By the way, if you have your camera along, a snapshot would be great to include with your post. 
Nat S.
(Click on the pics to enlarge them)
SJG 4/3/11 - Osmanthus heterophyllus 'Illiifolius' - blooming by the East Gate

Osmanthus flowers
Blooming in early spring, Osmanthus usually waffles delightful sweet scent into the air - today it's too cold and I had to literally press my nose into the flower to detect its fragrance.

There are quite a few Osmanthus shrubs in the Garden (most of them not shaped into a ball like the one in the pic above) - walking on the East Path on a warm day you will have no trouble to identify them while they are in bloom - the whole section alongside the pond is nothing but a perfume orgy.

SJG 4/3/11 - At this time of  the year Lace Leaf Maple (Acer Palmatum 'Burgundy Lace') near the South entrance shows off its magnificent trunk, normally hidden under canopy of attention grabbing leaves that change color from burgundy to smoky orange

SJG 4/3/11 • Faux bloom or hilarious  shakkei (borrowed scenery):  wisteria trellis  not happy about its April nakedness?  Why not grab some showy sight from the Arboretum across the street - this view from the West Path is quite foolling one's senses:  
peeps r so dum - my new haircut, doncha know? :)

SJG 3/3/11 • Wood Anemone (Anemone memorosa) under the camellia tree on the northern mountain path

SJG 4/3/11 • Wood Anemone flower
I always look forward to say HI to these short-time Garden visitors: after their dainty blue flowers are done, the anemone plants perform quite magical act of disappearing: leaves and all -   nothing left on the ground  to remind onlookers about their early spring visit.  And HI,  Kathy L. over at the Plant Group (where I m a fairly accidental member) - two years ago I didn't know most of those plants names -  thank you for teaching me! aleks.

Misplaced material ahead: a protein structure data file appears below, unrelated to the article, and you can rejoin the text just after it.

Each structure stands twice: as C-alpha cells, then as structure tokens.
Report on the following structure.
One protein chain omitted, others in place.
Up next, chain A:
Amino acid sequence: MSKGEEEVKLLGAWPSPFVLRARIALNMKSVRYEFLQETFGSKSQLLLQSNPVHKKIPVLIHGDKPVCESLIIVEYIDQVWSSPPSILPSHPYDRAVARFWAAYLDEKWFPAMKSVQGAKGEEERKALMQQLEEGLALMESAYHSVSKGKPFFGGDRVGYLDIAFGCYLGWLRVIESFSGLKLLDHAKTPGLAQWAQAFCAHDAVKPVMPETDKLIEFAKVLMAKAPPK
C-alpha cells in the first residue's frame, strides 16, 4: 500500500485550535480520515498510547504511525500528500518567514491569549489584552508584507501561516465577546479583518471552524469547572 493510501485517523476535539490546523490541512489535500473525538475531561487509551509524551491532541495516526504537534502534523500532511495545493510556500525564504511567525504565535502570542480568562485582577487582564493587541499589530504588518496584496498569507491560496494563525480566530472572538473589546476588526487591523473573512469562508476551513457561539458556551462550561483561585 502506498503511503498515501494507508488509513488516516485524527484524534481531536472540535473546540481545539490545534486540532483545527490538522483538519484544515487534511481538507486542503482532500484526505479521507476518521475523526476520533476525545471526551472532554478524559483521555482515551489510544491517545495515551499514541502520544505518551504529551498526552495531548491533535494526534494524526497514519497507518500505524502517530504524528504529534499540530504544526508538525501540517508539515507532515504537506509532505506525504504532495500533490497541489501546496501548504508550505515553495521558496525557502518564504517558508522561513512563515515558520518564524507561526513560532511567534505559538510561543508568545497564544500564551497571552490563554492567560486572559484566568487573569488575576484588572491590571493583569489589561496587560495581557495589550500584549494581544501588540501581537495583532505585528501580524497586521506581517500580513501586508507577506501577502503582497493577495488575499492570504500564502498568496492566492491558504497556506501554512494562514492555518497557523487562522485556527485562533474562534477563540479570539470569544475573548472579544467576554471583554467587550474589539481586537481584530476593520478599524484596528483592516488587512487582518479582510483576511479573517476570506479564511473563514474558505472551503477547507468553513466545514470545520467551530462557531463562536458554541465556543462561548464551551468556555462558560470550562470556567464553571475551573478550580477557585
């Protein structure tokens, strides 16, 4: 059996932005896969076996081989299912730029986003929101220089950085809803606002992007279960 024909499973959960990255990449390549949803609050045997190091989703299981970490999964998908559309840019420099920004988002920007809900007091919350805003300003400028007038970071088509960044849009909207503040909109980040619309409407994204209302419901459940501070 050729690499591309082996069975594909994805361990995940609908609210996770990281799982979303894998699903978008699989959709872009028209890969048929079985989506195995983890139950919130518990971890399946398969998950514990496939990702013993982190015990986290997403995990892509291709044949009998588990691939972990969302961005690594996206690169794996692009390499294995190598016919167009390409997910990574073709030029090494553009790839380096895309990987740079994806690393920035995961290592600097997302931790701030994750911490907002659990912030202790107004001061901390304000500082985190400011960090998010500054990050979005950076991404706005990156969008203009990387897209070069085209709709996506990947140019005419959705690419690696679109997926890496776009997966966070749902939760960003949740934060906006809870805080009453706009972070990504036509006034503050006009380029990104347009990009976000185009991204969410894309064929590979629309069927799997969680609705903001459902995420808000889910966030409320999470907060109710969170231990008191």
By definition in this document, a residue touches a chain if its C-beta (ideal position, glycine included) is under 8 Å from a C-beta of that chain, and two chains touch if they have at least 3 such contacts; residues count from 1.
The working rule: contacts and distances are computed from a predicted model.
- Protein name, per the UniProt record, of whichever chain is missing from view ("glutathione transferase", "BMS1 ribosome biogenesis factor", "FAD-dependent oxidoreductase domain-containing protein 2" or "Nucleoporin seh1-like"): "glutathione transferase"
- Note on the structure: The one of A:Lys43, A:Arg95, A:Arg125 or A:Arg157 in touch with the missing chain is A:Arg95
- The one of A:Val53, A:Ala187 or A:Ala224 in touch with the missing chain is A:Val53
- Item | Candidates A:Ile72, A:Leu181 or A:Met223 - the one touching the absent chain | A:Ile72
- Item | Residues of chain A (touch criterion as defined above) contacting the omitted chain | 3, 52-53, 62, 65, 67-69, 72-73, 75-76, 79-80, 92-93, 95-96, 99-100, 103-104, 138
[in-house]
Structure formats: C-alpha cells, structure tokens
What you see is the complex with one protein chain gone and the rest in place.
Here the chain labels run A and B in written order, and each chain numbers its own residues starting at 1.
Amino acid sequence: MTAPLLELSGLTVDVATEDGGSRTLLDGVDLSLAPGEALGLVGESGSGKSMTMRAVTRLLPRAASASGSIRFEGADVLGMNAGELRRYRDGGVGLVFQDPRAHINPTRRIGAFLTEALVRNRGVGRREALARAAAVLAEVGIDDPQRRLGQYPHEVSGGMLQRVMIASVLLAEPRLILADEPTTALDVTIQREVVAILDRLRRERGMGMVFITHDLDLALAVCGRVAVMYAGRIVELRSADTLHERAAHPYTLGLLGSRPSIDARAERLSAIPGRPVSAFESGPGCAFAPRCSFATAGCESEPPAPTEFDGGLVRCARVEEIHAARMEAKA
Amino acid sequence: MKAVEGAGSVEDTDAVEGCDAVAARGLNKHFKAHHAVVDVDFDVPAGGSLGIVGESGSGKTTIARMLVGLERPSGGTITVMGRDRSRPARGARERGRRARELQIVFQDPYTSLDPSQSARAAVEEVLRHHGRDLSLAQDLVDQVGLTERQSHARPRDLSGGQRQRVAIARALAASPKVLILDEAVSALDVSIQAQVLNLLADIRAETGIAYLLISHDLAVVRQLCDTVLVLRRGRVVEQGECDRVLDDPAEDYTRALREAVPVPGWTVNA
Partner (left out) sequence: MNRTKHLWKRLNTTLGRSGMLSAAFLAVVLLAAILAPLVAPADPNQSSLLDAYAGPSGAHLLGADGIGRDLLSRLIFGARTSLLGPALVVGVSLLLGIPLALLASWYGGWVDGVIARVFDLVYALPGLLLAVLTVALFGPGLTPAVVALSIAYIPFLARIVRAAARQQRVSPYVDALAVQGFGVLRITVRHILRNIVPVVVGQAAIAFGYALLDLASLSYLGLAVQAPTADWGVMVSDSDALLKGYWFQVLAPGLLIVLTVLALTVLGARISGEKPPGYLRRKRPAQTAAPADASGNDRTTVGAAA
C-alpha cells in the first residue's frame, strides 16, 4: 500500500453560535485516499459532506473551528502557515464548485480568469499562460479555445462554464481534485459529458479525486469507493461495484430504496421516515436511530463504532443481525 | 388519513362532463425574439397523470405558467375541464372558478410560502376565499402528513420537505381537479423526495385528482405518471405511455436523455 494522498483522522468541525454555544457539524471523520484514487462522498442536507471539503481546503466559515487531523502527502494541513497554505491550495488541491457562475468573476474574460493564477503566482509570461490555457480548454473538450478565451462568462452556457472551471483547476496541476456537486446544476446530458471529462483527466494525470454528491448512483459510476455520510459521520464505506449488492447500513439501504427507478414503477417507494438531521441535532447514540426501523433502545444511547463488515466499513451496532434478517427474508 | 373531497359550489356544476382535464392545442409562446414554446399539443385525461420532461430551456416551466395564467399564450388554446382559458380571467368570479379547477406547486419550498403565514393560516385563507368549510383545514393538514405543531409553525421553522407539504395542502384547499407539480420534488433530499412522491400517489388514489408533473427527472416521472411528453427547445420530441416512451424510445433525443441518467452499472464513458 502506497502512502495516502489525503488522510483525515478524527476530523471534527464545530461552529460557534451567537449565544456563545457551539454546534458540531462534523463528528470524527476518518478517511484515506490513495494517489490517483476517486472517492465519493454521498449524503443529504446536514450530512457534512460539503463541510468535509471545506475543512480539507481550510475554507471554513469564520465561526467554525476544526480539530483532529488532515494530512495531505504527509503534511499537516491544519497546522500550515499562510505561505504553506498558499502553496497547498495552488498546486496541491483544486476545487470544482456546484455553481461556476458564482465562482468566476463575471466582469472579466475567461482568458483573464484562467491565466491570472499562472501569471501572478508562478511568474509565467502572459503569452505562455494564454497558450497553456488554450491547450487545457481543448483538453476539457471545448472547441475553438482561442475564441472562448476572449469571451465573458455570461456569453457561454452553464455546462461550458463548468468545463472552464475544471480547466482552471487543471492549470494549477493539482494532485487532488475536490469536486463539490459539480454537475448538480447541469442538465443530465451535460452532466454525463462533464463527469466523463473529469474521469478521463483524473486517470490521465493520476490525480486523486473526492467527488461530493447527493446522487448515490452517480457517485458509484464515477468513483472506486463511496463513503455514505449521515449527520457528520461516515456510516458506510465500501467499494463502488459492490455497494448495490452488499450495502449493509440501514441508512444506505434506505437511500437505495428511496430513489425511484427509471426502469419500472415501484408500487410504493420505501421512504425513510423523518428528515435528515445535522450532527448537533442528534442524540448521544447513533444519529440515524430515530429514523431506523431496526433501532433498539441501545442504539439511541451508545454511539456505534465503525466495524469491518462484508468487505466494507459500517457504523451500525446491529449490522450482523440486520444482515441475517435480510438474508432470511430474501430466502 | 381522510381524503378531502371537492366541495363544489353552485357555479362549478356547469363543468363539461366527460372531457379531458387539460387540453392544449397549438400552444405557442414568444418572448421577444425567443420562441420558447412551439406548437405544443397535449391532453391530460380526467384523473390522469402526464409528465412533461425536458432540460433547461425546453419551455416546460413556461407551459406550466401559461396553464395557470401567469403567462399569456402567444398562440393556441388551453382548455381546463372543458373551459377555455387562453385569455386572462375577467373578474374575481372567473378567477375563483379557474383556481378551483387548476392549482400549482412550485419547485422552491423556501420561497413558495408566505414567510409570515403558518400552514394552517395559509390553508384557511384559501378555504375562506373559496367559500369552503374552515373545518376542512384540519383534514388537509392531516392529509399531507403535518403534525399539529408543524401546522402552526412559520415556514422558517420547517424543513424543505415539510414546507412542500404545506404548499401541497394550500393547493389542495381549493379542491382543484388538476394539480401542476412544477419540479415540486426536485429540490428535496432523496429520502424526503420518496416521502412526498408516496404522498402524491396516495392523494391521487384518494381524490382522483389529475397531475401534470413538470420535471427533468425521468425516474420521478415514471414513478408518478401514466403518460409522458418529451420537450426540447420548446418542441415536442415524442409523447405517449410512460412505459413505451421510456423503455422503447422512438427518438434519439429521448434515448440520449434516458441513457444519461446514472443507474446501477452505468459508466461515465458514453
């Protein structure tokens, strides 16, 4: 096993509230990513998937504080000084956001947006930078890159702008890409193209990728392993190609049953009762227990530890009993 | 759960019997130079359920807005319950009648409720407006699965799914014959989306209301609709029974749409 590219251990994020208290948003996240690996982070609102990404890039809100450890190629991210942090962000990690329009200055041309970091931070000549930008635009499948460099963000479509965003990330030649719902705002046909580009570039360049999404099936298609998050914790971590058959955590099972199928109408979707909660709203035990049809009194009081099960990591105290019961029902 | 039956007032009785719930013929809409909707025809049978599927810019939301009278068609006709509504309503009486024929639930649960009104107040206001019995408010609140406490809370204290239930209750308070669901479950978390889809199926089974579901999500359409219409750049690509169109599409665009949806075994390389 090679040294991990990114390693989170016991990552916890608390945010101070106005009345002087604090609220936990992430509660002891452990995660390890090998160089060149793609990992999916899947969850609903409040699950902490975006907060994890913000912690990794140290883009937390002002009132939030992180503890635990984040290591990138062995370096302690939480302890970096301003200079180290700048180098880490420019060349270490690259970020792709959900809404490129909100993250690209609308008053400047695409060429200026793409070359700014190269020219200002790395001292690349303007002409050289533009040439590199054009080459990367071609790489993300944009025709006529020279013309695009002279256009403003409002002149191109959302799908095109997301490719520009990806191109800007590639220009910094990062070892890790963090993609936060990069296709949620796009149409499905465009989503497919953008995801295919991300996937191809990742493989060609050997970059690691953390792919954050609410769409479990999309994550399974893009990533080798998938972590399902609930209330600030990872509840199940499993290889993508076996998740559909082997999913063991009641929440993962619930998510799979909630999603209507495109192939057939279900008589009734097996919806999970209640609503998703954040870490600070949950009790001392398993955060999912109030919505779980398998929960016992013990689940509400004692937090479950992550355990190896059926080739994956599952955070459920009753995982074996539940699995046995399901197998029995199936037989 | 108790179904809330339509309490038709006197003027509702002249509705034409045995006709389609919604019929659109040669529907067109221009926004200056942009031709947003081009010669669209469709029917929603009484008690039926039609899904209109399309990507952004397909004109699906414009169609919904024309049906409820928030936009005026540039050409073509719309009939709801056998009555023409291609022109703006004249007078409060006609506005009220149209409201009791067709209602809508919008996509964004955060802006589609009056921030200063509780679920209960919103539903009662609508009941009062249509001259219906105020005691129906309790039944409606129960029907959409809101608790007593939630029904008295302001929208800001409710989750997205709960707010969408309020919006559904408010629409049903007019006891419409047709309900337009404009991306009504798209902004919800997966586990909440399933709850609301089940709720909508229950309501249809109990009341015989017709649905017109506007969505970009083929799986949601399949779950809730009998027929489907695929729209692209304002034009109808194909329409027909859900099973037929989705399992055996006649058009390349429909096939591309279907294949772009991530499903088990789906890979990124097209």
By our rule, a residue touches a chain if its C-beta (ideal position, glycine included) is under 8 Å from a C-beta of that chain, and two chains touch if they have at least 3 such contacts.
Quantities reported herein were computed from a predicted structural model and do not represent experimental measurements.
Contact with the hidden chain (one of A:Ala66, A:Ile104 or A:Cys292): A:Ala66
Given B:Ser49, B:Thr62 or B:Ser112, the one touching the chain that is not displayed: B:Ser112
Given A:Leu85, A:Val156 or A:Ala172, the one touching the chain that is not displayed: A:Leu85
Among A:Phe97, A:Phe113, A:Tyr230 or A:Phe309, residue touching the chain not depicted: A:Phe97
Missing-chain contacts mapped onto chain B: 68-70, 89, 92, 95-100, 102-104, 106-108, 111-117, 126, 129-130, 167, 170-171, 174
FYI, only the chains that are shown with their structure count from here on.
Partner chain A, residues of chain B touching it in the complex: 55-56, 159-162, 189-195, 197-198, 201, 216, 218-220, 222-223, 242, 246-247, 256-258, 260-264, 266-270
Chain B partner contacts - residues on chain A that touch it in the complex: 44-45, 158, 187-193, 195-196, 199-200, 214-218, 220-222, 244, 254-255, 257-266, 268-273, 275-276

P.S. Follow this blog by Email - Have you noticed this new feature (top left under the Garden Events headline)?   3-easy steps (to protect you from spam) subscription process will free you  from having to type URL to find us:  the new content will be delivered to your inbox, with a link to the blog. P.P.s. The thing is slow - just tested it; you will get an update about 24 hrs after the content is published, but who is in rush here?

4/14/11 • P.S. from aleks:  I started collating contributions to this theme in the right-side bar, under the heading Seen in The Garden Today - they are listed by date/topic for easy reference throughout the year: click on the one you want to re-visit to get there without scrolling...

Saturday, April 2, 2011

Epicenter Japan: Local Crises, Global Impacts

by Keiko P
Panel Discussion at UW
Wednesday April 6, 2011. 7 PM
120 Kane Hall, Seattle Campus

UW faculty and scholars will have an open-to-public discussion on the multiple disasters now facing Japan. They assess the impacts to Japan as  well as the world since March 11 and look at what lies ahead. Panelists are:

Kenneth B. Pyle, Henry M. Jackson Professor of History and Asian Studies - Japan’s postwar history and nuclear context
Marie Anchordoguy, Professor of East Asian Studies - Business and Economics of Japan
Ken Tadashi Oshima, Associate Professor in the Department of Architecture – Japanese architecture and earthquakes
Andrea Arai, Lecturer - Japanese culture, media and demographics
Roger Raman, Principal Research Scientist Aeronautics and Astronautics - Nuclear Engineering
Gary Hamilton, UW Japan Program Interim Chair and Professor, International Studies and Sociology - Moderator

I wish I could go but I  will be out of town for a conference on 4/6. This event is sponsored by the UW Japan Studies Program and East Asia Center.
For more information, contact japan@uw.edu or (206) 685.9997.

Friday, April 1, 2011

A Scientifically Trained Long-time Garden Guide Looks at Koi

by rpacht
[This post is a response to the koi lecture notes from 3/21 post]

Common carp